to raise any work-related concerns during a toolbox talk meeting so that
possible action plans and solutions can be proposed and discussed. A toolbox
talk is one of the avenues where both employees and leadership teams can share
information about new and existing hazards, preventive tools, and employee
participation during toolbox talk meetings helps ensure that they get an
in-depth understanding of the organization’s safety protocols, which will help
them in integrating these into their daily tasks and processes. This also helps
employees identify and prepare for potential risks associated with the project.
It is crucial that employees recognize and comply with safety rules to prevent
Toolbox talks can be
conducted for a smaller group of employees so that individual roles can be
fully evaluated. It helps identify employees who need guidance and extra
training. Toolbox talks are designed to focus on relevant topics for day-to-day activities. As an example, if your team needs to change
the roofing of a building. Toolbox talk topics should be about working at
heights and all appropriate safety measures in place should be discussed. This includes
PPE, fall protection equipment, and fall hazards.
Recorded toolbox talks
can help ensure everything is discussed and understood by employees before they
proceed with their regular tasks. It serves as an updated record of hazards and
completed topics. Implementing regular toolbox talk meetings helps maintain a
safe environment for employees. It also plays a major role in keeping employees
productive, efficient, and competent in their roles.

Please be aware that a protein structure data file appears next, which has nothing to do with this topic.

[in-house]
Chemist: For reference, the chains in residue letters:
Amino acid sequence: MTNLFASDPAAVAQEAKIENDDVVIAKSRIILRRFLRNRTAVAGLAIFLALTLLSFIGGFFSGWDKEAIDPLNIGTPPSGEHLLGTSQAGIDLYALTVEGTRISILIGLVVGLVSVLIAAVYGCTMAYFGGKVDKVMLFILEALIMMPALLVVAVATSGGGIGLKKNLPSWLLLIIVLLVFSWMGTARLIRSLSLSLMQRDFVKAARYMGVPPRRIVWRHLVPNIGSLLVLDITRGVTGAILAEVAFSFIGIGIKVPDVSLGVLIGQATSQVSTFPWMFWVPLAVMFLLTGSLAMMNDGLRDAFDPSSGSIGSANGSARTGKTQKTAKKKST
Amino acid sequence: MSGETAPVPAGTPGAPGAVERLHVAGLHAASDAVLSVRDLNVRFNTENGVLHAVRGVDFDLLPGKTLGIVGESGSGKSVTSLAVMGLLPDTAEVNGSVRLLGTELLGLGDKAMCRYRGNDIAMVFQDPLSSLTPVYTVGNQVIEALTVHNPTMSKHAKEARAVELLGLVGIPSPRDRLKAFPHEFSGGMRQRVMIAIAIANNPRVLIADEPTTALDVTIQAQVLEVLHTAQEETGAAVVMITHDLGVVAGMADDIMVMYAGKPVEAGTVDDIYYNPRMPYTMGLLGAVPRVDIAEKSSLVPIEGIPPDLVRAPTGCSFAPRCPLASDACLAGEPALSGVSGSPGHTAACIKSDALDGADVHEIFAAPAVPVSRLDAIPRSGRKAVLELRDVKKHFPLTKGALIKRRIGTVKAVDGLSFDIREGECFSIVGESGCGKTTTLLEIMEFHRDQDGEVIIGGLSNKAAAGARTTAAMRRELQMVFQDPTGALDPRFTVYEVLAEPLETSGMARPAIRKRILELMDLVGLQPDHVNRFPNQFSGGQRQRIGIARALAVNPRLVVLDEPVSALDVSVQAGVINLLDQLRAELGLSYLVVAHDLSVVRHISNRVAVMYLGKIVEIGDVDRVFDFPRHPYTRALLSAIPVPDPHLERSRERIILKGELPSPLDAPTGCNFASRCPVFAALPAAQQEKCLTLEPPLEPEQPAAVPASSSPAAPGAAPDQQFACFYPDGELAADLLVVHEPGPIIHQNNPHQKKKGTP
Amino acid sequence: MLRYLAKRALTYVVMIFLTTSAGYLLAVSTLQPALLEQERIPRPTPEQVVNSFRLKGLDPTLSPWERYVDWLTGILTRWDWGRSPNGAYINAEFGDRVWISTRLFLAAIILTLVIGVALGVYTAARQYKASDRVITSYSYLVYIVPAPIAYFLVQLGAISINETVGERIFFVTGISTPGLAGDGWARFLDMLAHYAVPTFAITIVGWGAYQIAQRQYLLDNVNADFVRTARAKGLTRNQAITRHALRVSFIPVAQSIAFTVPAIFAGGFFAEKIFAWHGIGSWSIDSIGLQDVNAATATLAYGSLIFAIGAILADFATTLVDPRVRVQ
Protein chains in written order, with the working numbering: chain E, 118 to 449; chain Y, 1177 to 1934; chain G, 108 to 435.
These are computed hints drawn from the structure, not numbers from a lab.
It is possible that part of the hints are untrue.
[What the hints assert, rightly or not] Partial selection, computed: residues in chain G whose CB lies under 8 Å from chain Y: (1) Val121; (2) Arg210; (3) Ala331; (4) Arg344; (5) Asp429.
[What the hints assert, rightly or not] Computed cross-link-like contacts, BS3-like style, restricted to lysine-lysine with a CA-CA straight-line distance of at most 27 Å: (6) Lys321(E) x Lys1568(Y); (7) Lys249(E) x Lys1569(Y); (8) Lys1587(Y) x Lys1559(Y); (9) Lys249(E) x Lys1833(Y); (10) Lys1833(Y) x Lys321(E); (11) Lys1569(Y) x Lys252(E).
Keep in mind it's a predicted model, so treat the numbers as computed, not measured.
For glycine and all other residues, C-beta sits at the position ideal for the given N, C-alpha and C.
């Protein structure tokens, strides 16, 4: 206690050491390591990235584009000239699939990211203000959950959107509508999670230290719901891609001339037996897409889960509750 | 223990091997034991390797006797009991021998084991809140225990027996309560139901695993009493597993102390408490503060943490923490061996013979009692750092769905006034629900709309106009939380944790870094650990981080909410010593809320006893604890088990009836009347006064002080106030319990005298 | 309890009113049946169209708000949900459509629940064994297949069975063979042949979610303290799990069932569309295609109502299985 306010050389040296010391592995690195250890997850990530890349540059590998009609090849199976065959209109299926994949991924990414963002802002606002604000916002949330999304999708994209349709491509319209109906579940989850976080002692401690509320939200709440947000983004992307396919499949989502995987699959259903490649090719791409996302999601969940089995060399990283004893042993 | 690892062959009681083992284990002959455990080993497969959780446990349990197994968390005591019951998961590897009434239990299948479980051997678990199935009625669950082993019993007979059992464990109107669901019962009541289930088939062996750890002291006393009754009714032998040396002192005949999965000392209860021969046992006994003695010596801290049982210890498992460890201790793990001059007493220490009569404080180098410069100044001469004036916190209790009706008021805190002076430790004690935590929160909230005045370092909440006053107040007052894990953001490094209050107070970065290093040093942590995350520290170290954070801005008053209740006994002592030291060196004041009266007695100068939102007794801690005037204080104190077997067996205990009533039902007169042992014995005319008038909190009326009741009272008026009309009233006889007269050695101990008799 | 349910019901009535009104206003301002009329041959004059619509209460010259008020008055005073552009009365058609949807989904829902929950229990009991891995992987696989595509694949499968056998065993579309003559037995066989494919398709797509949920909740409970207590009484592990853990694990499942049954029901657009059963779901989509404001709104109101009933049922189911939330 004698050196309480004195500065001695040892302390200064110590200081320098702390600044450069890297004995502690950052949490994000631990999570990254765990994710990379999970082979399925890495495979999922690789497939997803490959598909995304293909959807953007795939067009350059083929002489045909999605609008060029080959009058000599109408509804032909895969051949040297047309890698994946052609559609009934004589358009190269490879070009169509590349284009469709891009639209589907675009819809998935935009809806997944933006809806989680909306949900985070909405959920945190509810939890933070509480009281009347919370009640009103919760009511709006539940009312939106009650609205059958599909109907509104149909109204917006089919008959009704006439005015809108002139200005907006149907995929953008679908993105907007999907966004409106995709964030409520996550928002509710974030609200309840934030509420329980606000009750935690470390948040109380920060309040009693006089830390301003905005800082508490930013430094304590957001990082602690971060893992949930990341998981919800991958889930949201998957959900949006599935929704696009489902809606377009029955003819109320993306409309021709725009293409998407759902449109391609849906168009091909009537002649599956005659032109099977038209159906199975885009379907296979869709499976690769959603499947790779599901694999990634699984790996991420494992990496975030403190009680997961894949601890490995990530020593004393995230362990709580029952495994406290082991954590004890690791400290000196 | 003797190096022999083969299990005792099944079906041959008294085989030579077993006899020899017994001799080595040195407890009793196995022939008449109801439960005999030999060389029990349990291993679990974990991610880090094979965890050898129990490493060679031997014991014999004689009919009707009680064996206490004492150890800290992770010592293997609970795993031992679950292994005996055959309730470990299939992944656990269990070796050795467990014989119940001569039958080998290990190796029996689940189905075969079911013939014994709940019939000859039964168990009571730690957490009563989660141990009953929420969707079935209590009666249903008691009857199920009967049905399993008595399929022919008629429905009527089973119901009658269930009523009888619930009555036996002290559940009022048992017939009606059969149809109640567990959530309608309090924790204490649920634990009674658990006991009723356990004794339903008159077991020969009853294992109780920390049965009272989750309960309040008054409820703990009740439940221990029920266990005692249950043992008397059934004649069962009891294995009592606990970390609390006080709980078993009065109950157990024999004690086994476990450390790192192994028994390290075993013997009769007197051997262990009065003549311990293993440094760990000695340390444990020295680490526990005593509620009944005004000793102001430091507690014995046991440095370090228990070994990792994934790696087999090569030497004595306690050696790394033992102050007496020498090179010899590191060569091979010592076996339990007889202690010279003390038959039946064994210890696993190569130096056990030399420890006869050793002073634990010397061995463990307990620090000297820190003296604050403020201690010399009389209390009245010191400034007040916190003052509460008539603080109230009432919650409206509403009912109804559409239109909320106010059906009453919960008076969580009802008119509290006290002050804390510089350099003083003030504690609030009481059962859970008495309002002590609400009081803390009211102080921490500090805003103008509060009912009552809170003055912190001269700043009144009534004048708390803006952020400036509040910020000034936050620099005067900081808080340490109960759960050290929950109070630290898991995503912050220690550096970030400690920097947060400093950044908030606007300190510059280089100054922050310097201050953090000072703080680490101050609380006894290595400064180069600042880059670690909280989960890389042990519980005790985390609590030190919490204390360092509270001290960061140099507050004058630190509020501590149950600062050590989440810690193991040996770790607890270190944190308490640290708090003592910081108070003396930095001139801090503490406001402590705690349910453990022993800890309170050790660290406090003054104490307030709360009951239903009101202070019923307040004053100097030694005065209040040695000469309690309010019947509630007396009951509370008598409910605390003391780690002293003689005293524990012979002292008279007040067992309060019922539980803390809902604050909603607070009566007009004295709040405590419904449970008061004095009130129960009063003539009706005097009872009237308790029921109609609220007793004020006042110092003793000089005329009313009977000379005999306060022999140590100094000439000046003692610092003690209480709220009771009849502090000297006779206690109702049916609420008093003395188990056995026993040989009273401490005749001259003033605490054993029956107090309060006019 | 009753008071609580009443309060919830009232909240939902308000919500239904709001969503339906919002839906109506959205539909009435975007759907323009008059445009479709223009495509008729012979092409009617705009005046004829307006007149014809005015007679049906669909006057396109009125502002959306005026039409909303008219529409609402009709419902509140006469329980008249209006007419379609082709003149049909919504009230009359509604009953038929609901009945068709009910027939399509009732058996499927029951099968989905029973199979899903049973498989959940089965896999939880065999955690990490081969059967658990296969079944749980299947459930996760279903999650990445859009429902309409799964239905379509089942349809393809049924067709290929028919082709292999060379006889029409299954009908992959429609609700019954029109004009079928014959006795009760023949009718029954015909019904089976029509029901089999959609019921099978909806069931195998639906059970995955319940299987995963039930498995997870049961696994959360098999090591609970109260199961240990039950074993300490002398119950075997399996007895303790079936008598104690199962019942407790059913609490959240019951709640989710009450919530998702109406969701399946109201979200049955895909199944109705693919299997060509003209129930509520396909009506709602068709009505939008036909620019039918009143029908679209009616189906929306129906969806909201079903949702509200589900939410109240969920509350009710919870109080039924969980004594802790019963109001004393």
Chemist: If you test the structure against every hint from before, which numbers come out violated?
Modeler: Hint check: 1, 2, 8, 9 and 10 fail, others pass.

Jona Tarlengco is a
content writer for SafetyCulture, a software company that enables businesses to
perform inspections using digital checklists.
United Kingdom 17/07/2019 – Powered access specialist Wilson Access increases Midlands coverage for their specialist truck and track mounted platforms from a purpose-built depot in Birmingham. Posted via Industry Today. Follow us on Twitter @IndustryToday
TIMco, one of the UK’s largest, independent and fastest
growing wholesalers to the construction industry, is expanding their SHIELD
brand with the official launch of a First Aid range, as well as introducing the
new SHIELD Protective Board. These new introductions will sit under the rapidly
expanding SHIELD Site Protection range. These new extensions reflect the
company’s commitment to safety in construction, as well as delivering on the
company’s strategy of becoming a ‘one stop shop’ for builders’ merchants.
The new range includes a selection of workplace and
vehicle first aid kits, as well as a heavy bleed and burns kit. The range also
includes an eye care kit, heavy duty plasters and an accident book.
The workplace first aid kits include BSC and HSE kits.
The BSC kits meet the first new standard for statutory First Aid Kits in the
workplace since 1997. These kits reflect the changes in both workplace practice
and risks, making them demonstrably more ‘fit for purpose’ in today’s
environment. The kits come in a durable and stylish polypropylene case and are
wall mountable with an integrated bracket. The HSE kits contain content based
on 1997 Approved Code of Practice and come in a durable polypropylene box with
green safety clips, integrated carry handle, and a secure airtight lid to
provide protection from dust and water. All workplace kits are available in
three sizes – small, medium and large.
The Heavy Bleed & Burns kit has been specifically
designed to provide rapid and effective treatment to the kind of serious
injuries tradespeople may face on site. It includes a major bleed trauma
dressing and sterile burn dressings. The Eye Wash Station kit includes saline
solution, eye pods and pipettes and meets current HSE regulations. Both kits
come in a wall-mountable polypropylene case.
The SHIELD Protective Board has been developed to protect
and preserve all hard floor and short twill covered floor surfaces from dust,
dirt, spills, sprays and site grime. This new product complements the existing
Ram Board product in the SHIELD range. The FSC certified board is made from
recycled compressed fibre board and this innovative protection system is also
100% recyclable and reusable. It is also breathable and can be laid on wooden